How to build a business case for cloud migration

If your organization is operating on a traditional on-premises model or simply isn’t using the cloud to its full potential, it’s probably time to shake things up.

Cloud migration and modernization might just be the answers you’re looking for, and with 36% of AWS Partners in the Jefferson Frank Careers and Hiring Guide: AWS Edition reporting an increase in demand for AWS migration over the past 12 months, you’re likely not the only organization to have reached this conclusion.

But the planning, execution, and optimization of these strategies are rarely straightforward. And for that reason, building a thorough business case and winning key stakeholder buy-in can be hard work.

Just like with any IT project, cloud migration requires a tight business case to secure the necessary support, resources, and budget required. But with so many approaches to choose from, and so much innovation in the cloud ecosystem day after day, knowing the best way to tackle cloud migration isn’t always black and white.

Just take a look at the graph below from AWS, mapping out the 7 AWS Strategies for Migrating to the Cloud—there’s a whole lot to consider.

Of course, turning to the trusted know-how of an AWS Partner in these instances can help overcome barriers like a lack of internal knowledge and skills—a challenge that 51% of organizations report facing in our Careers and Hiring Guide.  

But more often than not, you need to have developed a comprehensive business case for your organization’s AWS implementation to earn the necessary buy-in even before you reach out to a cloud partner for a helping hand. So how do you identify the key benefits of cloud migration to your organization, and just as importantly—how do you communicate these in a way that demonstrates the value to key decision makers across your company?

Here, we’re exploring the answers to these big questions with a helping hand from Nico Schilling, CTO Automotive of AWS Partner Rackspace Technology, who shares his first-rate expertise throughout.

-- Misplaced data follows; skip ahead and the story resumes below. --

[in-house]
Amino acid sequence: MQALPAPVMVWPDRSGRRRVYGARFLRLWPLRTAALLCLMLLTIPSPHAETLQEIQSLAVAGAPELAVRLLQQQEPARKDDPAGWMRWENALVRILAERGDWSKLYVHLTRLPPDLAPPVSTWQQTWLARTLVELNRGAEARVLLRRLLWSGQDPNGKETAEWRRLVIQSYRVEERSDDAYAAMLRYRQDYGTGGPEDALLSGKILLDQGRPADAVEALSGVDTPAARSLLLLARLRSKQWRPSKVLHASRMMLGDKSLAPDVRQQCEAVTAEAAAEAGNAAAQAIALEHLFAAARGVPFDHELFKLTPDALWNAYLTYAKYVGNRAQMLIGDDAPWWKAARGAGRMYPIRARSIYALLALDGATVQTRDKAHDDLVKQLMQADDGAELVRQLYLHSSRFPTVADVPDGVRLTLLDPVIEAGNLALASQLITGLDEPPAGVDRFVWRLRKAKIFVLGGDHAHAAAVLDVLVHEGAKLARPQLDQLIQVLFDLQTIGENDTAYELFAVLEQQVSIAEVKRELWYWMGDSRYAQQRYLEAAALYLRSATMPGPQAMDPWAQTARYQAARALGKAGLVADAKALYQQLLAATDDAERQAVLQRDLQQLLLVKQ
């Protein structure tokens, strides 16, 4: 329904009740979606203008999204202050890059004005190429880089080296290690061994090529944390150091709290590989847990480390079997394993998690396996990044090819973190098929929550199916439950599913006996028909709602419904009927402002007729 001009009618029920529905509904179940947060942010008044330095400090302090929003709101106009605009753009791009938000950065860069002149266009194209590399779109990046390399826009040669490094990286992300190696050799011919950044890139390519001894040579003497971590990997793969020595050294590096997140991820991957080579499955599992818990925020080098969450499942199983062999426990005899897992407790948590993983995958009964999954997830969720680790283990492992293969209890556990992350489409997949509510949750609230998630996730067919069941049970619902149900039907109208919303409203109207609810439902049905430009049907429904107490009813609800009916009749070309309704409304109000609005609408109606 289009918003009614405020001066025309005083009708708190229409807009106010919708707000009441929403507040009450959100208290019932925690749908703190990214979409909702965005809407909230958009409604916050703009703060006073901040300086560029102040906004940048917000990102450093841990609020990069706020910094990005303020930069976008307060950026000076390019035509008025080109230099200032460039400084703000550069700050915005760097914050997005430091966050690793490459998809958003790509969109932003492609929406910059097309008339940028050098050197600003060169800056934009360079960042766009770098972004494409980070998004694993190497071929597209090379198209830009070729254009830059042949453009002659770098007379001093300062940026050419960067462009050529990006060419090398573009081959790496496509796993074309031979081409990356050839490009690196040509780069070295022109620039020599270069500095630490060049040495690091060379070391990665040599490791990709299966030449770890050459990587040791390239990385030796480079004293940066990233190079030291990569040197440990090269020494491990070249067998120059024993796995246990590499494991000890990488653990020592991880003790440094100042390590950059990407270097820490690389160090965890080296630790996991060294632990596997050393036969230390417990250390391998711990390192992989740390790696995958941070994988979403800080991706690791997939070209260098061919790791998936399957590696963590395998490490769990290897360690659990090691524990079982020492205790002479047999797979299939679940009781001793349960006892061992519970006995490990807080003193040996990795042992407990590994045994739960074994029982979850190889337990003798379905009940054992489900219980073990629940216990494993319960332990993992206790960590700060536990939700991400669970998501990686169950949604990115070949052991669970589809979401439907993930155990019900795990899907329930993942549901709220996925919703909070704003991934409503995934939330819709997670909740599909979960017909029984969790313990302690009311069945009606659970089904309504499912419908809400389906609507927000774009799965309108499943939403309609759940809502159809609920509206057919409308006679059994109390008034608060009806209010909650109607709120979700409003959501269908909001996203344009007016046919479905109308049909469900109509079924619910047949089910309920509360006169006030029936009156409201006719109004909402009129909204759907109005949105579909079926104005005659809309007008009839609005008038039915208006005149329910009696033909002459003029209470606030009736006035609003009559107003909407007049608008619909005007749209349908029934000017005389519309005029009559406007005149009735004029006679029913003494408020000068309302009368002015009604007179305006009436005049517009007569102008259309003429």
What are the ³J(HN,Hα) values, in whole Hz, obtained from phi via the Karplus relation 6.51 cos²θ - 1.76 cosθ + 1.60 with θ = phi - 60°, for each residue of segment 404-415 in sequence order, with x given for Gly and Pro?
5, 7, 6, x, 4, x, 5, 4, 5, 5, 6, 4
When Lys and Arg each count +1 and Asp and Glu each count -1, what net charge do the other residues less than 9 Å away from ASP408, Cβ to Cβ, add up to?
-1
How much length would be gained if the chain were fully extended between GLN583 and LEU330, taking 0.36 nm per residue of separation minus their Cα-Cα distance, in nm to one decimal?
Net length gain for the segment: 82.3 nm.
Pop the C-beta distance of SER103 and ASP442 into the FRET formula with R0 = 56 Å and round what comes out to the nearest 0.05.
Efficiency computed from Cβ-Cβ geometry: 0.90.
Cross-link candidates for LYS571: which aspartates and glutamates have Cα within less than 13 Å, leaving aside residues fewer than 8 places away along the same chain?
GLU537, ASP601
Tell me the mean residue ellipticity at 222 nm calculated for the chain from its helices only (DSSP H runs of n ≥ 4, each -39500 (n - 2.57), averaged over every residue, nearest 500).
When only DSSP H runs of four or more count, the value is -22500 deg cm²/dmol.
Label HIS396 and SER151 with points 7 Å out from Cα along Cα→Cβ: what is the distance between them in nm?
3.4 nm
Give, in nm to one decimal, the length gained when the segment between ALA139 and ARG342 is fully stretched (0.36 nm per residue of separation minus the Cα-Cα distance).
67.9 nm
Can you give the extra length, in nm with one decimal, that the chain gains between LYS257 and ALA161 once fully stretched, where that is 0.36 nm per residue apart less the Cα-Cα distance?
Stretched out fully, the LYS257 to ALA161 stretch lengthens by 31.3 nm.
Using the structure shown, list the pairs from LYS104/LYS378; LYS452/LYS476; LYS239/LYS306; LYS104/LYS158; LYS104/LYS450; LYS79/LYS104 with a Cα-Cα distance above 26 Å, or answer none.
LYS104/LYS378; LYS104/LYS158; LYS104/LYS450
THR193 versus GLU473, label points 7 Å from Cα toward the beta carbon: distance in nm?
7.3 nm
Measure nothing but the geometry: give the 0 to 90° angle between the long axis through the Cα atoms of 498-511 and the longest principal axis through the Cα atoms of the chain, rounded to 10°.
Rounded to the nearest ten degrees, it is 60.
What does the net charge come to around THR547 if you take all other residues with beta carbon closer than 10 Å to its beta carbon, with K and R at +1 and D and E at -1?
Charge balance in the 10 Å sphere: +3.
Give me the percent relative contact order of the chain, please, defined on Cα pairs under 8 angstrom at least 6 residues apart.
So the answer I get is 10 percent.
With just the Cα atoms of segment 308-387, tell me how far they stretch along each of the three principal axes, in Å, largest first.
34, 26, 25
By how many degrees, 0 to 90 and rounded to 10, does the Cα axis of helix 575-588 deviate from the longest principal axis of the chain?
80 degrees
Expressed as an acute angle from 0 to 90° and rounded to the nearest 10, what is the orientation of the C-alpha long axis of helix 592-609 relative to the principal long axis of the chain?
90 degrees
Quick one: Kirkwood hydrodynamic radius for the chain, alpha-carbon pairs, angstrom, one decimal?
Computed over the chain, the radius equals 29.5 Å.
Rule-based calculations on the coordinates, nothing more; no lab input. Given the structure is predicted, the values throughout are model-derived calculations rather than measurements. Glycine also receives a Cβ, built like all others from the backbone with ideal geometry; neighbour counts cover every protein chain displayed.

Why build a business case for AWS migration in the first place?

Business cases generally come about because your organization has a specific need that it can’t meet with its current tools or resources. Organizations are typically migrating and modernizing their infrastructures and applications on AWS to optimize operational practices, evolve business transformations, and drive measurable results.

But no matter what the reason for migrating to the cloud may be for your company, you’ll probably need to persuade stakeholders from across the business to get on board with your plans before taking any major steps towards it. Essentially, you’re trying to sell cloud migration as a solution to your organization’s pain points and the future of your organization’s operations. And as Nico Schilling explains, “full stakeholder buy-in is needed, and the understanding that the cloud is the driver for the whole digital evolution of a company”.

When your completed business case crosses a decision maker’s desk, it needs to cover everything from the cloud provider/s and products to timelines, costs, who you’ll need on board, the problem/s it solves, and how it all fits in with your organization’s goals and vision. But as Nico Schilling points out, the strongest business cases don’t just argue for the cloud on a use-case-by-use-case basis, but instead as the foundation of your organization’s evolution:

Quote from Nico

Common cloud migration hurdles (and how to tackle them in your business case)

When implementing cloud solutions or evolving your business’s use of the cloud, it’s not uncommon for you to face some barriers along the way. After all, this sometimes requires cultural and technical overhauls of your operations, which is no easy feat!

However, if you consider how you’ll overcome these hurdles early on in the process, you’ll be able to strengthen your business case by reducing the amount of pushback and addressing any stakeholder hesitancy head-on. Proposing a smooth and well-informed migration will unsurprisingly earn buy-in far easier than presenting one that hasn’t accounted for common delay factors.

When asked those who work for a partner in our Careers and Hiring Guide what challenges their clients commonly faced during migration to AWS, the most common hurdles mentioned include: 

Data mapping and migration from a legacy system

Mapping out a workload inventory of everything that needs to be considered for migration will help you develop a better understanding of what’s in scope. This should help the migration from legacy systems feel less intimidating, while making it easier to estimate timelines and budgets accurately.